Britain’s high command was gripped by fear of Germany’s huge battleship, the Tirpitz, a massive ship, a sixth of a mile long. Its sister ship, the Bismarck, had been sunk in May 1941, but the Tirpitz still roamed large. The only dry dock on the French coast capable of accommodating such a ship was to be found at the port Saint-Nazaire, a town of some 50,000 people. If the Normandie dock, as it was called, the largest dry dock in the world at the time, could be put out of action, then the Tirpitz’s activity in the Atlantic would be severely constrained.

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Syngman Rhee – a summary

Syngman Rhee, first president of South Korea and uncompromising leader during the Korean War, was in fact born in the North. Born 26 March 1875, his family were of modest means and economic hardship forced their relocation to Seoul in 1877, when Rhee was only 2. He had four siblings and, following an early Confucian upbringing, was primarily educated by Christian missionaries. Exactly when Rhee became a Christian is unclear, though he was later to claim it was when he was in prison as a young man.

Syngman RheeCertainly Syngman Rhee was forthright in his opinions. In 1896 he was among a group of radical young men who formed the ‘Independence Club’ – a nationalist organization critical of the role of Japan in Korea’s affairs. Two years later he was arrested and imprisoned for sedition. He spent six years incarcerated, during which he wrote copiously. When a more liberal government took power in 1904 he was released and fled in exile to the USA.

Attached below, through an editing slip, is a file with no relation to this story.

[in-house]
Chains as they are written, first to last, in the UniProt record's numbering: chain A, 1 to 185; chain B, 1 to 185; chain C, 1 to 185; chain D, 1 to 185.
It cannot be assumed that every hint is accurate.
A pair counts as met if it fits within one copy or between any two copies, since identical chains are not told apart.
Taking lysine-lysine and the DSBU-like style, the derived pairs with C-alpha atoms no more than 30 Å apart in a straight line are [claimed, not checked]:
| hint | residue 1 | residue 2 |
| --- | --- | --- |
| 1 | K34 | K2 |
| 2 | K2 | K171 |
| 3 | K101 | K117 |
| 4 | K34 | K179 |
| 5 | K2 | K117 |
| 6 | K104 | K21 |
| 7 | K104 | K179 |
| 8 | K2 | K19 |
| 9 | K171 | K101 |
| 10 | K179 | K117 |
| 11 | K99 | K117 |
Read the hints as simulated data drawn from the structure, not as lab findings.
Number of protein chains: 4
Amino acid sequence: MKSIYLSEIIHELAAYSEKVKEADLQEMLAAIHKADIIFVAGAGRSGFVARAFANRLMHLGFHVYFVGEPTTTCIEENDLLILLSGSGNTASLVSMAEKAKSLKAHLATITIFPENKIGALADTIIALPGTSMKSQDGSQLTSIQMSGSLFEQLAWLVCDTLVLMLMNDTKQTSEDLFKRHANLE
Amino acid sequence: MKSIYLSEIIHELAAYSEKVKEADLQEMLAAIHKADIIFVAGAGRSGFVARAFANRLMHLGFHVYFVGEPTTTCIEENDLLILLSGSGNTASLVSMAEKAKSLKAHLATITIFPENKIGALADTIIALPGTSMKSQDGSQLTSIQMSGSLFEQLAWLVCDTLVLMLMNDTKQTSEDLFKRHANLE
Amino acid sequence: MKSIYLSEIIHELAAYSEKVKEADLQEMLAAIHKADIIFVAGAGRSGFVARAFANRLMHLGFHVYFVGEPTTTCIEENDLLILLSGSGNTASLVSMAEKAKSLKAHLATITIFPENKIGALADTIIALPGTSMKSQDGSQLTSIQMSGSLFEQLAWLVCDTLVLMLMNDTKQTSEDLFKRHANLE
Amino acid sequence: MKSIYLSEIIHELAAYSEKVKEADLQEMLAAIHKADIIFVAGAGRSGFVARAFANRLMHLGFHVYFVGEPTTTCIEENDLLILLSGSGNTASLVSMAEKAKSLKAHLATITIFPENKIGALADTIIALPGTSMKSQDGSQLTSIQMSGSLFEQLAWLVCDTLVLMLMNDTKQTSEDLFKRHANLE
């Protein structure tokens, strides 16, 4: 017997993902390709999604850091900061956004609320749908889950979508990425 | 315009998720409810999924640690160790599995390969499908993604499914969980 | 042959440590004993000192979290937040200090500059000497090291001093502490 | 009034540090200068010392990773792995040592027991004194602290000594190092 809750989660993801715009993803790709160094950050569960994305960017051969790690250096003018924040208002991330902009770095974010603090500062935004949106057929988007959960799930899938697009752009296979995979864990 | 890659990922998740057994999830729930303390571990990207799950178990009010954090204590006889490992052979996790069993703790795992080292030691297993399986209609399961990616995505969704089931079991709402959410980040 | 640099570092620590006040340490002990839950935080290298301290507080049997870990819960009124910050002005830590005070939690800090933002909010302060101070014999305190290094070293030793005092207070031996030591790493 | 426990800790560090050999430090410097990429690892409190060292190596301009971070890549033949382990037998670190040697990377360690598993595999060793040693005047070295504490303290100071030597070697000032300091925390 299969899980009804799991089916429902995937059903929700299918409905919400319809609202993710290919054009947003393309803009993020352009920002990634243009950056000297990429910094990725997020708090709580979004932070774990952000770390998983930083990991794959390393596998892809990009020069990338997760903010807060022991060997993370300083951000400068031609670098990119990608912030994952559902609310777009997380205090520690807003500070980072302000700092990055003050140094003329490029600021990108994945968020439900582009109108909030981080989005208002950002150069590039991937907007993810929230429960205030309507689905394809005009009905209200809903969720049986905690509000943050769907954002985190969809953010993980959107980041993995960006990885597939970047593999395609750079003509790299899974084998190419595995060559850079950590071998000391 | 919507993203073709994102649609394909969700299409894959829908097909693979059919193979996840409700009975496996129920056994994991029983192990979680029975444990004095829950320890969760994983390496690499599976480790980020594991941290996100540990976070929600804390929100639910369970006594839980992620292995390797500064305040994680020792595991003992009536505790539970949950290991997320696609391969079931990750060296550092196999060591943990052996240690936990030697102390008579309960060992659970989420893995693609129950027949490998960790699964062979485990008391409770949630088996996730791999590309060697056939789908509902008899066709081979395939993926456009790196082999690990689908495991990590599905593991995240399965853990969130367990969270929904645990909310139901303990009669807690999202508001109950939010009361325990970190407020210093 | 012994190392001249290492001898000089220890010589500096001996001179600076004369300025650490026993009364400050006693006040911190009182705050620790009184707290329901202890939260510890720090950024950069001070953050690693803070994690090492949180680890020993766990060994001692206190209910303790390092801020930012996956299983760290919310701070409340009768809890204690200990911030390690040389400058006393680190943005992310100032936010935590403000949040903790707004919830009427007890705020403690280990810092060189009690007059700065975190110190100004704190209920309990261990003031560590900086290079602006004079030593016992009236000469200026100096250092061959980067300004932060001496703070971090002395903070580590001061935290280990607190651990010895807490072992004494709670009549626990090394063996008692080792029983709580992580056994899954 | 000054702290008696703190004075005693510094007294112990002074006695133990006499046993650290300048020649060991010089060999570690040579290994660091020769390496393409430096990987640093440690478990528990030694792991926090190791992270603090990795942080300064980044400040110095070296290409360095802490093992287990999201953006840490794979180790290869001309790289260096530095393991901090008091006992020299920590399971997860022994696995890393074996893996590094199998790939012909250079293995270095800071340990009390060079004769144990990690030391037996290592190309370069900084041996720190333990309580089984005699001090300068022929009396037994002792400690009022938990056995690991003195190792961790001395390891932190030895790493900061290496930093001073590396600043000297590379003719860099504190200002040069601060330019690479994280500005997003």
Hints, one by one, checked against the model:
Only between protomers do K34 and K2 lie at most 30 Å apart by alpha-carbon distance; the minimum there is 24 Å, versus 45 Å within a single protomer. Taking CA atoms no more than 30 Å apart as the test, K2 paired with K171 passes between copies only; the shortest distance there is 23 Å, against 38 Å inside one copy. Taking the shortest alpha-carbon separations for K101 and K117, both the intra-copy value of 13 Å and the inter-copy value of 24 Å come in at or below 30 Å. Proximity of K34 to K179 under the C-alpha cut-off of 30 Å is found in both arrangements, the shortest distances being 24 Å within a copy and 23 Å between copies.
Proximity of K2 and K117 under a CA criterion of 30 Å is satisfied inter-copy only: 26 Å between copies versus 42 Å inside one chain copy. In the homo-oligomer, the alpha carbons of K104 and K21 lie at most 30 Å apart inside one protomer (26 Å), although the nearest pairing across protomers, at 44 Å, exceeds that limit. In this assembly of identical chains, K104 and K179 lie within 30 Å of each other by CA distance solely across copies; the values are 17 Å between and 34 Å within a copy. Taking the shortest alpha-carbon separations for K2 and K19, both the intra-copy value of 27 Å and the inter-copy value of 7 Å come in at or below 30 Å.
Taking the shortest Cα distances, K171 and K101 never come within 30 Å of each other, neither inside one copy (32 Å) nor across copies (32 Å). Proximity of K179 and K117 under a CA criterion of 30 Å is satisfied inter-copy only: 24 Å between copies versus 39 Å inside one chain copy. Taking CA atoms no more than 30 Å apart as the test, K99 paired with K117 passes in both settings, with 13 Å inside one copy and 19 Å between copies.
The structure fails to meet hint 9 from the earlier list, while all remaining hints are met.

Once there he continued his studies in earnest, focusing on history and politics and securing a PhD from Princeton. By now a prominent Korean Nationalist, his advice was sought by Theodore Roosevelt’s negotiating team on the Treaty of Portsmouth, which ended the Russio-Japanese War. Yet he was unable to secure anything like Korean independence on the back of this.

In 1910 he returned to Korea for just over a year, in a management role with the YMCA. It quickly became clear that the Japanese authorities would not tolerate his political activism and so he again went into exile. This time he moved to Hawaii, which would be his base for thirty years.

In absentia

In 1919 he was elected in absentia as Head of the Korean Provisional Government. In fact, this was nothing more than a pressure group, largely based in China. Although he moved to Shanghai for a few years in 1920, his relations with others in the group waned. He was ousted in 1925 – accused of abuse of power – and returned to Hawaii.

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The Debate on the Origins of World War One

Beginning with the assassination of Archduke Franz Ferdinand, Dr Annika Mombauer explores the opposing debates about the origins of World War One. Is it possible for historians to arrive at a consensus?

The hundred-year debate

How could the death of one man, Archduke Franz Ferdinand, who was assassinated on 28 June 1914, lead to the deaths of millions in a war of unprecedented scale and ferocity? This is the question at the heart of the debate on the origins of the First World War. How did Europe get from the assassination of Franz Ferdinand and his wife to the situation at the beginning of August when Germany and Austria-Hungary were at war with Serbia, Russia, France, Belgium, and Britain? Finding the answer to this question has exercised historians for 100 years, and arriving at a convincing consensus has proved impossible.

Cupidity‘Cupidity’, a satirical drawing showing the hands of men from countries involved in World War One, arguing for control of the world.

The need to fight a defensive war